CAM > THE COMMON COLD

The Common Cold

The common cold is the leading cause of physician visits and missed days from work and school. While recent medical research has made advances in defining its causes (which include over 200 different viruses), preventive measures and a remedy have yet to be developed. There are, however, some conventional and alternative treatments to ward off colds, as well as lessen their severity and duration.
Conventional Approach
by Dr. Brown
  Complementary
& Alternative Approach

by Dr. Dillard
Preventive Measures
The best way to protect yourself from the common cold is to maintain a strong immune system. Make fruits and vegetables a regular part of your diet in order to keep your system stocked with vitamins and nutrients. Exercise for 30 minutes a day, three to five days a week, to keep your circulatory and respiratory systems operating at peak efficiency. Common sense helps too; avoid contact with cold sufferers, as well as their silverware, beverages, and towels whenever possible.

Treatments
There are no specific remedies for the various viruses that cause colds, but there are over-the-counter medications that, if taken properly, may help relieve some of the symptoms.

  • Cough suppressants can help control dry coughs that hinder sleeping and talking. These are best taken at bedtime. At other times, you should allow yourself to cough in order to clear mucus and germs from your throat and lungs.
  • Decongestants can relieve nasal congestion, but should only be used for five days or less. After five days, your body's own defenses may react to decongestants by creating even more mucus.
  • Ibuprofen reduces the aches that accompany a cold, but be aware that aspirin or acetaminophen may increase congestion.
  • Multi-purpose cold remedies offer relief from a variety of symptoms, but be careful, you may be overtreating your cold. Avoid using these medications for children under 13; even when designed for pre-teens, these preparations aren't particularly effective, and the drowsiness they cause can make matters worse.

Ronald C. Brown, MD, FACP., is the Vice President of Medical Programs for Oxford Health Plans. He is a graduate of Yale University School of Medicine and was trained in internal medicine at Roosevelt Hospital in New York City. Dr. Brown is a board-certified internist.
  Preventive Measures
Alternative medicine providers favor the same measures for preventing colds that conventional providers recommend-proper nutrition, a regular exercise program, and common sense. Beyond that, there is evidence from Swedish researchers that taking a sauna twice a week can stave off colds, perhaps because the heat in a sauna keeps cold germs from reproducing.

Treatments

  • Echinacea, taken at the first sign of a cold, can decrease its intensity and reduce recovery time. Echinacea seems to stimulate the immune system, and because it contains berberine, a natural antibiotic, it might help ward off bacterial infections that often appear after colds.
  • Drinking hot liquids, such as tea with lemon and honey, also seems to help. A hot tea of fresh, crushed ginger root seems to work for many people and has a long history in Asian healing traditions. Ginger may help to balance your body energetically as well.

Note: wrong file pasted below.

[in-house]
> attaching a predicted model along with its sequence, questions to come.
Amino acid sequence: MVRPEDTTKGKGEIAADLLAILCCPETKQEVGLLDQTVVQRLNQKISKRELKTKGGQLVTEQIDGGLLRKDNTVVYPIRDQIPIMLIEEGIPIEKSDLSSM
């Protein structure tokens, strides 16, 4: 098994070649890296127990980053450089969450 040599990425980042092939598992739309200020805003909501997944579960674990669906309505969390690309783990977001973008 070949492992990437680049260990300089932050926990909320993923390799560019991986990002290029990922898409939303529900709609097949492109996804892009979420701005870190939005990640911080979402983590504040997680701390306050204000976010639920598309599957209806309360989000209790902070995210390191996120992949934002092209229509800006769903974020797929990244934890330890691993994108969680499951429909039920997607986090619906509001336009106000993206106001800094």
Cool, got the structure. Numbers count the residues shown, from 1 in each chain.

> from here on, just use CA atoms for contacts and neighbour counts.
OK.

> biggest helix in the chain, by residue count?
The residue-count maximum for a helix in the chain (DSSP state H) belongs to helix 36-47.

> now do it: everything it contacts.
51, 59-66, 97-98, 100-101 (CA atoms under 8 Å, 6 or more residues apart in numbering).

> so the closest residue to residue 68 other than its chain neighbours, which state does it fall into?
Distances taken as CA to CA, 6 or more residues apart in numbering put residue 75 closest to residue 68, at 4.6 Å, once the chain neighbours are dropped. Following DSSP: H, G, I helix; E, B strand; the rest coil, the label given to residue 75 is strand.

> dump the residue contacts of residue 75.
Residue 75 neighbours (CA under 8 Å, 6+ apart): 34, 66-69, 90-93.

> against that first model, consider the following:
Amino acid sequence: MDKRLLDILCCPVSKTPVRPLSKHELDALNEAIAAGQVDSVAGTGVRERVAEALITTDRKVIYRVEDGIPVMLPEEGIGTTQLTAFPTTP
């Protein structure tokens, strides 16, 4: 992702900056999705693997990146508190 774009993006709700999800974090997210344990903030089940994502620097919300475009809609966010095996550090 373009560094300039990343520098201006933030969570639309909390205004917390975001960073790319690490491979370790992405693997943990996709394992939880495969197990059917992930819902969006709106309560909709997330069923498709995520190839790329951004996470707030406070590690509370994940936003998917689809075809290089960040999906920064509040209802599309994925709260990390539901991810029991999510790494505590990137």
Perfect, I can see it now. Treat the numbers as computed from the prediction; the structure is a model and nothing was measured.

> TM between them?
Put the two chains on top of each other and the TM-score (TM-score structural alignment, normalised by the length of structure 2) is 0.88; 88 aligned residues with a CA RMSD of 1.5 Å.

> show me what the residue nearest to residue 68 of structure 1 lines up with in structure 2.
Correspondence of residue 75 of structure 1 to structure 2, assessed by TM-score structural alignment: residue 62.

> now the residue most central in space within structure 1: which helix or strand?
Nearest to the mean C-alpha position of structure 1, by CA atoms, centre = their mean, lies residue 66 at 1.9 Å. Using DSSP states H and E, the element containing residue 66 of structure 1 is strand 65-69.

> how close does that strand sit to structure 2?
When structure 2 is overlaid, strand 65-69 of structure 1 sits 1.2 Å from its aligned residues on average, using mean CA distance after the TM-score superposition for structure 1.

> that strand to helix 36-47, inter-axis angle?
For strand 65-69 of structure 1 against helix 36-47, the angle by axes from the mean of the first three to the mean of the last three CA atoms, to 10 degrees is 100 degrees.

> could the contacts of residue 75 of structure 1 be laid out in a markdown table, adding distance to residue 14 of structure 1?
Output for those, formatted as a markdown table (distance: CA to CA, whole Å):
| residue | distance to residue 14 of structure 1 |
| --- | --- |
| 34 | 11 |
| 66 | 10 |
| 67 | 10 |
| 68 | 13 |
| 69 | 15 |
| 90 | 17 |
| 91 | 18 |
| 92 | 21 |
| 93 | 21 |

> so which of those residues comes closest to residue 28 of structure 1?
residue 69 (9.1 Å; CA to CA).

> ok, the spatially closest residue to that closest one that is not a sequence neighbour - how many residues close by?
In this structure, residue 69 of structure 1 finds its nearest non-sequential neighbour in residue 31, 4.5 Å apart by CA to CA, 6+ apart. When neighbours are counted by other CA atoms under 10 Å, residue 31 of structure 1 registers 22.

• Most people love various forms of moist heat because it's soothing and may help to mobilize mucus and secretions. Some people like to incorporate aromatherapy by adding eucalyptus, lavender, cedar, or lemon to the steam.
  • Hot soups are often used to treat colds. The hot-and-spicy Thai soup called tom yum is delicious and soothing. The red pepper, lemongrass and ginger all act as gentle herbal remedies.
  • Some research indicates that Chinese herbal remedies such as yin chao and gan mao ling seem to help. Still, people should take Chinese herbal remedies only under the supervision of an experienced Chinese medicine practitioner. This is a complex field that does not lend itself to self-prescribing.
  • New research suggests that zinc may significantly decrease the duration of a cold. While zinc lozenges can produce unpleasant side effects-bad taste, nausea, and an irritated mouth and throat-a new zinc nasal spray may fight the virus without such drawbacks. However, more studies need to be performed to verify the spray's effectiveness as a cold remedy. (As with any other over-the-counter cold remedy, be very cautious about using zinc medications, especially when caring for your child.)

James Dillard, MD, DC, CAc, is the founding Medical Director for Oxford Health Plans' Complementary and Alternative Medicine program and is chairman of the Oxford Chiropractic Advisory Board. He is a board-certified medical doctor, a doctor of chiropractic, and a certified medical acupuncturist.

This column is offered for your interest and information. It is not intended as advice and should not replace your doctor's recommendation or treatment plan. Comments on this column can be e-mailed to publications@oxhp.com or mailed to:

Oxford Health Plans
c/o Healthy Mind Healthy Body®
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Trumbull, CT 06611




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